Ideas Backyard Landscaping
Individual Consultant at Ministry of Public Works and Housing
The goal of landscaping a hillside successfully is not only to make the attractive, but to make the slope stable. Over time rain and There are a number of ideas you can use to landscape hillsides successfully.
Out With Grass, In With Groundcovers
If your slope has more than a barely noticeable incline, consider ditching grass altogether and substituting no-mow groundcovers instead. First, determine which direction your slope faces. A south-facing slope is sunny and will probably be drier and hotter than one facing any other direction. Many of the low-growing Mediterranean herbs, such as one of the many thymes (Thymus spp.) or miniature wormwood (Artemesia viridis “Tiny Green”), will do well under those conditions. For shady or cooler slopes or where the sun shines only part of the day, use low-growing hostas, or ferns such as the southern maidenhair fern (Adiantum capillus-veneris). For really hard-to-cover areas, one of the select bugleweeds (Ajuga reptans cultivars), or vinca (Vinca major or V. minor) will establish quickly almost anywhere, but beware – both of these plants can become invasive without regular maintenance.
Many plants growing in rocky areas grow rather low due to lack of rich soil nutrients, so putting them on a slope gives the illusion of varying heights to similar-sized plants – much like seating in an auditorium. Arrange attractive boulders in a natural manner across the slope and place dwarf conifers, such as the sub-alpine balsam fir Abies lasiocarpa, or evergreen shrubs such as kinnickinnick (Arctostaphylos uva-ursi), and deciduous shrubs such as Darwin’s barberry (Berberis darwinii) at the top to use as backdrop for pockets of delicate alpines such as rock jasmines (Androsace spp.) or thrift (Armeria maritima). Gravel or stepping stone paths switchbacking across the slope will look appropriate and give access to the rock garden for maintenance.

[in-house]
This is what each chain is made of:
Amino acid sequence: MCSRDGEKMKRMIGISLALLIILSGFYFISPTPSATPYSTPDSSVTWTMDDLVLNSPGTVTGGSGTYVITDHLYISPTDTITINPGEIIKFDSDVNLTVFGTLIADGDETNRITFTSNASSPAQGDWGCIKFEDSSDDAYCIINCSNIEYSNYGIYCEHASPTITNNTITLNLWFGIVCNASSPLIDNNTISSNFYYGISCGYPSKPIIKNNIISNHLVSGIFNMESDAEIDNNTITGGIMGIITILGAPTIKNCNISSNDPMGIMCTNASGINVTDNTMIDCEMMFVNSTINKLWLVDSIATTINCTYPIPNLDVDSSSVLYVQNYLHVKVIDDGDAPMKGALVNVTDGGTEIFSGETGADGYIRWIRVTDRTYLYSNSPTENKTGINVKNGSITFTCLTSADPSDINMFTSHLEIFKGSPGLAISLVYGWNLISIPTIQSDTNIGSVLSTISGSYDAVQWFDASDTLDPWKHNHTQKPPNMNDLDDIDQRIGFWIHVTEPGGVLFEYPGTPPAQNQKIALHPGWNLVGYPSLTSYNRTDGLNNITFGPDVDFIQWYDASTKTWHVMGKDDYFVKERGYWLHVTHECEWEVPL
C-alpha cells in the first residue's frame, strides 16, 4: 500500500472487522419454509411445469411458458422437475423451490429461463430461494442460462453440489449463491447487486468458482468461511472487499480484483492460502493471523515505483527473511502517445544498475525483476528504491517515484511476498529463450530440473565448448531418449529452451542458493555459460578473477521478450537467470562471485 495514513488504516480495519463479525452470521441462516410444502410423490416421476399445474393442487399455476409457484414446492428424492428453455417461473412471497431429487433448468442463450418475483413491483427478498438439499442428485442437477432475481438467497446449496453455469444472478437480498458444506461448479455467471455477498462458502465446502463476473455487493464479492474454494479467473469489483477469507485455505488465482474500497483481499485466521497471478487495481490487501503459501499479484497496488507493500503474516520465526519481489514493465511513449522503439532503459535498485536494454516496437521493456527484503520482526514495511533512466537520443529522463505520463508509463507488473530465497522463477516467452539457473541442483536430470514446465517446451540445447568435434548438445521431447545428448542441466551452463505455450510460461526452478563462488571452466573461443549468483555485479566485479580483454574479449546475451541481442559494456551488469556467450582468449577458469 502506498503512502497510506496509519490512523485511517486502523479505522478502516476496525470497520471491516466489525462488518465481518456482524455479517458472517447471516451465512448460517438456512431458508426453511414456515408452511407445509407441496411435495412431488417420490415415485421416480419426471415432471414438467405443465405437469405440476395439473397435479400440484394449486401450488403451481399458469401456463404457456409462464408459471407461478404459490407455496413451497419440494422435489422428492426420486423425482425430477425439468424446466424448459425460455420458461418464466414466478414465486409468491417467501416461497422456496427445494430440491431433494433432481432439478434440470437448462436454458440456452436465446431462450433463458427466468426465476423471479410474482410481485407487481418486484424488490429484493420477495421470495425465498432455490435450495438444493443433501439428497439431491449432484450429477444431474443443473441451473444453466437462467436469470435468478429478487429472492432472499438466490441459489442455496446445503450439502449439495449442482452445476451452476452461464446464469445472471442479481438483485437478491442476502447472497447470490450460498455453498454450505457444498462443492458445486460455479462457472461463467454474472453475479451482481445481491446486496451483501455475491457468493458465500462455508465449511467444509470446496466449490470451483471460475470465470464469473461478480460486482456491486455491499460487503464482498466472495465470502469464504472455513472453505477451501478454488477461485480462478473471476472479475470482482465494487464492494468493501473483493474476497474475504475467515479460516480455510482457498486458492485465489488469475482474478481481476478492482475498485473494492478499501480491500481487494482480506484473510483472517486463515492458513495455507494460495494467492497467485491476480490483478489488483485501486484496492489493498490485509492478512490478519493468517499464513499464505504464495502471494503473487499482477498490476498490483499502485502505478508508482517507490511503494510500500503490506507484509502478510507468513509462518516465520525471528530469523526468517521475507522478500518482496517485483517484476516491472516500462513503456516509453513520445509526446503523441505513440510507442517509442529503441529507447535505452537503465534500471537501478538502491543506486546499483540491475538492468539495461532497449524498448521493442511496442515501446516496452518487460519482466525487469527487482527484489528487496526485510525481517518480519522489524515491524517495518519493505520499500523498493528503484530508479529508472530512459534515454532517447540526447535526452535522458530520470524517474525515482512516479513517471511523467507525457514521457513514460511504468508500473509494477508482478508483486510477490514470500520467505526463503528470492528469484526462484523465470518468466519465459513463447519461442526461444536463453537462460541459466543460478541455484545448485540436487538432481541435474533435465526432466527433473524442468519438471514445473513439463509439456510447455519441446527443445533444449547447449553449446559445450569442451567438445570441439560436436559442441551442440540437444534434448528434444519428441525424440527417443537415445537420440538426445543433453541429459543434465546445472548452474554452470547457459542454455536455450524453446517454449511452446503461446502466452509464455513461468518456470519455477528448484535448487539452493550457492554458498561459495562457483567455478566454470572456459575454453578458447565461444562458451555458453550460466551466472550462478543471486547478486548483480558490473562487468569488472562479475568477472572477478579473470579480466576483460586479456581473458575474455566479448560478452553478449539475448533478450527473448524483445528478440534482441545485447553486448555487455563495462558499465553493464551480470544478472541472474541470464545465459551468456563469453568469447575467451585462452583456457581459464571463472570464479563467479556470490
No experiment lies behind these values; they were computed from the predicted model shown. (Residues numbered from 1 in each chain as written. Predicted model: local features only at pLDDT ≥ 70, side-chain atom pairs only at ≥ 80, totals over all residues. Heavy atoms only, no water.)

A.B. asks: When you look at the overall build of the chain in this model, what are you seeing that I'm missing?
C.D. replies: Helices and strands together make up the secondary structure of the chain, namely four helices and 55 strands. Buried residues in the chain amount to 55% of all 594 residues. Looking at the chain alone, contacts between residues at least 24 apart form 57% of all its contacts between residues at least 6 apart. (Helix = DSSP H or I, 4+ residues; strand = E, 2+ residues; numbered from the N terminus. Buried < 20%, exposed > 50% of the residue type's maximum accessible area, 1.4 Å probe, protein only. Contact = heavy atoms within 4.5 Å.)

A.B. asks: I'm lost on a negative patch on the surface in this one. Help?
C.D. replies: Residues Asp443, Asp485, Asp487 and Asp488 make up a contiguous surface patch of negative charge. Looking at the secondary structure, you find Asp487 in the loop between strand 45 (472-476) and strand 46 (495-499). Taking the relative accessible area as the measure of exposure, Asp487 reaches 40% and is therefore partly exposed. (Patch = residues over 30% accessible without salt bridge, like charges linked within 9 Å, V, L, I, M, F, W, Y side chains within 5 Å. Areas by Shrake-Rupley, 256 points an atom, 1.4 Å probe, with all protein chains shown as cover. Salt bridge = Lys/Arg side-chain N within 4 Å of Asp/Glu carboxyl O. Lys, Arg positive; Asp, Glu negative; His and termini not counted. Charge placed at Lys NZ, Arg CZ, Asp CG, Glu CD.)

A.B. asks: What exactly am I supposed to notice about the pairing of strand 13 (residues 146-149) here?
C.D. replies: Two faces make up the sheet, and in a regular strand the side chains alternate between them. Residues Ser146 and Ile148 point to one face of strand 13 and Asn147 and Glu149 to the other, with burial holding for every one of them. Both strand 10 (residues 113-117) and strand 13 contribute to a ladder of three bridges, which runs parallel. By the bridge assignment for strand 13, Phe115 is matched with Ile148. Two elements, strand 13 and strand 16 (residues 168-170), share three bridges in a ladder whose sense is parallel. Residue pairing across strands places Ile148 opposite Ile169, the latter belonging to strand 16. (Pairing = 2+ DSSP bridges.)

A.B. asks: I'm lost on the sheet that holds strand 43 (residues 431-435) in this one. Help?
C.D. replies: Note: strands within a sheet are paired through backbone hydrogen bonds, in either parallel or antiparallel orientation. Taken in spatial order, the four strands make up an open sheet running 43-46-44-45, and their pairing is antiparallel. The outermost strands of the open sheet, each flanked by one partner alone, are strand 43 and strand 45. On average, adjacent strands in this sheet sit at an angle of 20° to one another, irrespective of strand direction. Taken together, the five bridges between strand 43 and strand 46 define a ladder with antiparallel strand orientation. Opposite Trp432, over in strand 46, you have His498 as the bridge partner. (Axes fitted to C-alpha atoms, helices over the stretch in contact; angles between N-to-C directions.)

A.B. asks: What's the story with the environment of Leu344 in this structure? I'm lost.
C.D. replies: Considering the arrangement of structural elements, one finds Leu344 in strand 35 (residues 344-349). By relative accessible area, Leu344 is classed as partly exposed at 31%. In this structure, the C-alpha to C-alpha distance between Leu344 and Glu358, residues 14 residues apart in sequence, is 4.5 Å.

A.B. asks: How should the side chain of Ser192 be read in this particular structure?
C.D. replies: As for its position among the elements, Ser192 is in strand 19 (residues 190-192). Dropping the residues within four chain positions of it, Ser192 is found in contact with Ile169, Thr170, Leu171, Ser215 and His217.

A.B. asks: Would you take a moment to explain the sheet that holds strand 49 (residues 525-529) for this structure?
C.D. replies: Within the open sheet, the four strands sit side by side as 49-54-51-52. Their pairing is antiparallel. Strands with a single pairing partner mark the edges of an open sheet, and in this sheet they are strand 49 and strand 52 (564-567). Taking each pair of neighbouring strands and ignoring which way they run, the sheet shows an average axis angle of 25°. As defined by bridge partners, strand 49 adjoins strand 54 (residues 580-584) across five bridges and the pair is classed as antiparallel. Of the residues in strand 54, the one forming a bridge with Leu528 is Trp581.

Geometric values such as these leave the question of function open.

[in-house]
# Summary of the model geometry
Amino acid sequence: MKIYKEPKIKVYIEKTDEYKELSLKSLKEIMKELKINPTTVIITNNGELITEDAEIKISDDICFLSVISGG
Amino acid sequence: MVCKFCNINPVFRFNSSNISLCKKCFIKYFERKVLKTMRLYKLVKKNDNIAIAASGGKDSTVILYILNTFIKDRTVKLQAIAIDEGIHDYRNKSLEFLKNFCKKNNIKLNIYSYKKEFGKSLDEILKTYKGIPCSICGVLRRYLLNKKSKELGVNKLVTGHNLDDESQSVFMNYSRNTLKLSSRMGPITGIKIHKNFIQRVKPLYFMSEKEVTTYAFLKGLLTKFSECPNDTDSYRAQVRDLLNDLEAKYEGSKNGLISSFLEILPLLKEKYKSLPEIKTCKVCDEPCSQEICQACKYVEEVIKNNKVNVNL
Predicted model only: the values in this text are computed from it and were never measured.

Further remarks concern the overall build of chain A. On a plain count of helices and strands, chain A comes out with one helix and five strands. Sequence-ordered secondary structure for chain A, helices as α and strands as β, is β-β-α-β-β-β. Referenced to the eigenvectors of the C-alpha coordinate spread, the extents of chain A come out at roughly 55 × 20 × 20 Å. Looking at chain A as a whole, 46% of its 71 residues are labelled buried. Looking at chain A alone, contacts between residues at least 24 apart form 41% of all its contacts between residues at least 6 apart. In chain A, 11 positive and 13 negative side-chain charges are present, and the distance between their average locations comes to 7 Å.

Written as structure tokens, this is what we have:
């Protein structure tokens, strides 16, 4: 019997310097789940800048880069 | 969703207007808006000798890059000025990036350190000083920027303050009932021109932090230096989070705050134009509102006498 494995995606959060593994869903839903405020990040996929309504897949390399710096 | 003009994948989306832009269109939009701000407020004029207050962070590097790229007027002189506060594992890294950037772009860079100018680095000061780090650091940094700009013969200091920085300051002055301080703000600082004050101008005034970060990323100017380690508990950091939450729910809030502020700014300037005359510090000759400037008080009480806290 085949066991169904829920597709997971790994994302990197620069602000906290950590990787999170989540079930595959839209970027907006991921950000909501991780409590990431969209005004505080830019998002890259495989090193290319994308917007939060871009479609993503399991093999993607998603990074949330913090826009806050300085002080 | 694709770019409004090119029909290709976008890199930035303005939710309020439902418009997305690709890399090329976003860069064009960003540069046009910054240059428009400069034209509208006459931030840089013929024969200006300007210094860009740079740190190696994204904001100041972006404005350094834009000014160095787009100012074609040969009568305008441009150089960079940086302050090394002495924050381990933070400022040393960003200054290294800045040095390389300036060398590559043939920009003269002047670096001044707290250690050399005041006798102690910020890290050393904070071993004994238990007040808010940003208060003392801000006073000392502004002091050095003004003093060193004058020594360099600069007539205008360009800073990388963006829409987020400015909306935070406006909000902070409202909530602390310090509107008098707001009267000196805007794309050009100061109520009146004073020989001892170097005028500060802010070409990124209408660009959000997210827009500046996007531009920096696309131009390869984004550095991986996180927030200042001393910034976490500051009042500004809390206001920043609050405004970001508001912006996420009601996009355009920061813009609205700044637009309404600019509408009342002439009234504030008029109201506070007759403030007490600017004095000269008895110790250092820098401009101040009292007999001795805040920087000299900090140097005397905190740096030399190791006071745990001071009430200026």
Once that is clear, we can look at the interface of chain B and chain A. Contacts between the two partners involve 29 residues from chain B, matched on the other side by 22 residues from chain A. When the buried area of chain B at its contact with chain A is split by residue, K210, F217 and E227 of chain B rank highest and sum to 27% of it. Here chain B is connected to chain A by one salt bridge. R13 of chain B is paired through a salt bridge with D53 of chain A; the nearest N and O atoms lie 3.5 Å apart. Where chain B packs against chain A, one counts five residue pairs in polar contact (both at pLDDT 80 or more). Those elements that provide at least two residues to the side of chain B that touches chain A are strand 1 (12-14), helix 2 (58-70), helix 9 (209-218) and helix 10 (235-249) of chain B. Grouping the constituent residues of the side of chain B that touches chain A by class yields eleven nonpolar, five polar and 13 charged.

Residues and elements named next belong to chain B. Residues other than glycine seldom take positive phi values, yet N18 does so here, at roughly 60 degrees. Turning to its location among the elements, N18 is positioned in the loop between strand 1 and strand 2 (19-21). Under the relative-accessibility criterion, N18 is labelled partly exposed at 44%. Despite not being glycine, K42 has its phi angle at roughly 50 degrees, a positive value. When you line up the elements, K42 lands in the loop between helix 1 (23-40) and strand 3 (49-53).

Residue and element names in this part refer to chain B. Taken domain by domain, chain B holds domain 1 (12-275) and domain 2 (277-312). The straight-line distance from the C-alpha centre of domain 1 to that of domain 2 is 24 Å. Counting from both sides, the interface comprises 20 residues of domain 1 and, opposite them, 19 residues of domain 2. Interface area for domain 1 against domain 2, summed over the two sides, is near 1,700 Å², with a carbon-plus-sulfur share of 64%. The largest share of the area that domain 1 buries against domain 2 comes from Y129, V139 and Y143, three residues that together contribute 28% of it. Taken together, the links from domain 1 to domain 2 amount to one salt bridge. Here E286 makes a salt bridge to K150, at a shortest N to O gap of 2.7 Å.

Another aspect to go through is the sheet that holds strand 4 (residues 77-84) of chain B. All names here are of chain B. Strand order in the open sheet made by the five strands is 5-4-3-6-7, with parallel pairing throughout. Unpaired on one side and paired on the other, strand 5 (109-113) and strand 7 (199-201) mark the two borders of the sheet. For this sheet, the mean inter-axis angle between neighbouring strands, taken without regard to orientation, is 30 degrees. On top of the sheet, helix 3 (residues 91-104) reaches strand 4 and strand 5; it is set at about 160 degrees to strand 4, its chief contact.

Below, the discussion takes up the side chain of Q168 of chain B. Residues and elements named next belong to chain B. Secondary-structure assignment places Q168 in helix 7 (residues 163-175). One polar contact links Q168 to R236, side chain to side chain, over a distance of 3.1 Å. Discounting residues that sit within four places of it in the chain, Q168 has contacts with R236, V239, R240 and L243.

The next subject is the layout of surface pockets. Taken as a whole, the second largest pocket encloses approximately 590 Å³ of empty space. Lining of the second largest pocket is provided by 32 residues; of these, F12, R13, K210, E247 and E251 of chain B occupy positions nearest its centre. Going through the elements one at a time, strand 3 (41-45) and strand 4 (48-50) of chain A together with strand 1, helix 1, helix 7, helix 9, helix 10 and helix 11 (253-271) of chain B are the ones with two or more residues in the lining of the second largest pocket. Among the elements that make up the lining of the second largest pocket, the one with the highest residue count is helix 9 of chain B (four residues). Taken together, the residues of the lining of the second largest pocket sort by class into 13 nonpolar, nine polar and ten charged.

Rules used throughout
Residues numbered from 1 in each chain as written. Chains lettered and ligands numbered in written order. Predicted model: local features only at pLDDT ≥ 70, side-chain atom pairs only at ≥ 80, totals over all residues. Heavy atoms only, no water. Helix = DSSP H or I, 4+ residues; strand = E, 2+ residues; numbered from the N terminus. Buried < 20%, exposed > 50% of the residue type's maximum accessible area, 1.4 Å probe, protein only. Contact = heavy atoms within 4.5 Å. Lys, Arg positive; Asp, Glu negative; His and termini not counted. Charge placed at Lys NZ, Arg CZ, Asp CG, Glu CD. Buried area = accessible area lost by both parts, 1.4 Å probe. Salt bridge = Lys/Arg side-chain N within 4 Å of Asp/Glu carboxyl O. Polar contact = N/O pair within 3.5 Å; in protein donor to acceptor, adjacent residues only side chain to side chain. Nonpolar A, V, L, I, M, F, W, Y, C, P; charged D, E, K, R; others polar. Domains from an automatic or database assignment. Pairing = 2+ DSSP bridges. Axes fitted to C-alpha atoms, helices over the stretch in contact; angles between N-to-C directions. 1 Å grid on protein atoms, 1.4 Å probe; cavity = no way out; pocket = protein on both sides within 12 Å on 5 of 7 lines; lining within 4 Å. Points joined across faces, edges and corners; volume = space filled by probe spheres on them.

No matter what plants you choose, you may need terracing to make a very steep slope accessible and plantable. Since you already have rocks, try using those to build low walls, and then level the slopes between for planting. Use larger and relative flat stones to build stairs between terraces. For added drama, consider creating an artificial, recirculating “mountain stream” to cascade from one small pool to another on each terrace and make your stairs zig-zag toward and away from the stream at key points to emphasize views and specimen plantings. A wide terrace at the bottom or top adds versatility to the space for entertaining.
If your slope is hopelessly wet or deliberately built-in to drain water away from the house, take advantage of that to create a rain garden. Whether you build a permanent or high-water-only pond at the bottom, many marginal plants such as irises and sedges will thrive. Native cattails (Typha latifolia) offer beauty as well as utility in permanently wet areas, and in year-round pools you might even plant any of a variety of waterlilies. The miniature golden sweet flag (Acorus gramineus “Minimus aureus”) will make an attractive groundcover for the rest of the slope.
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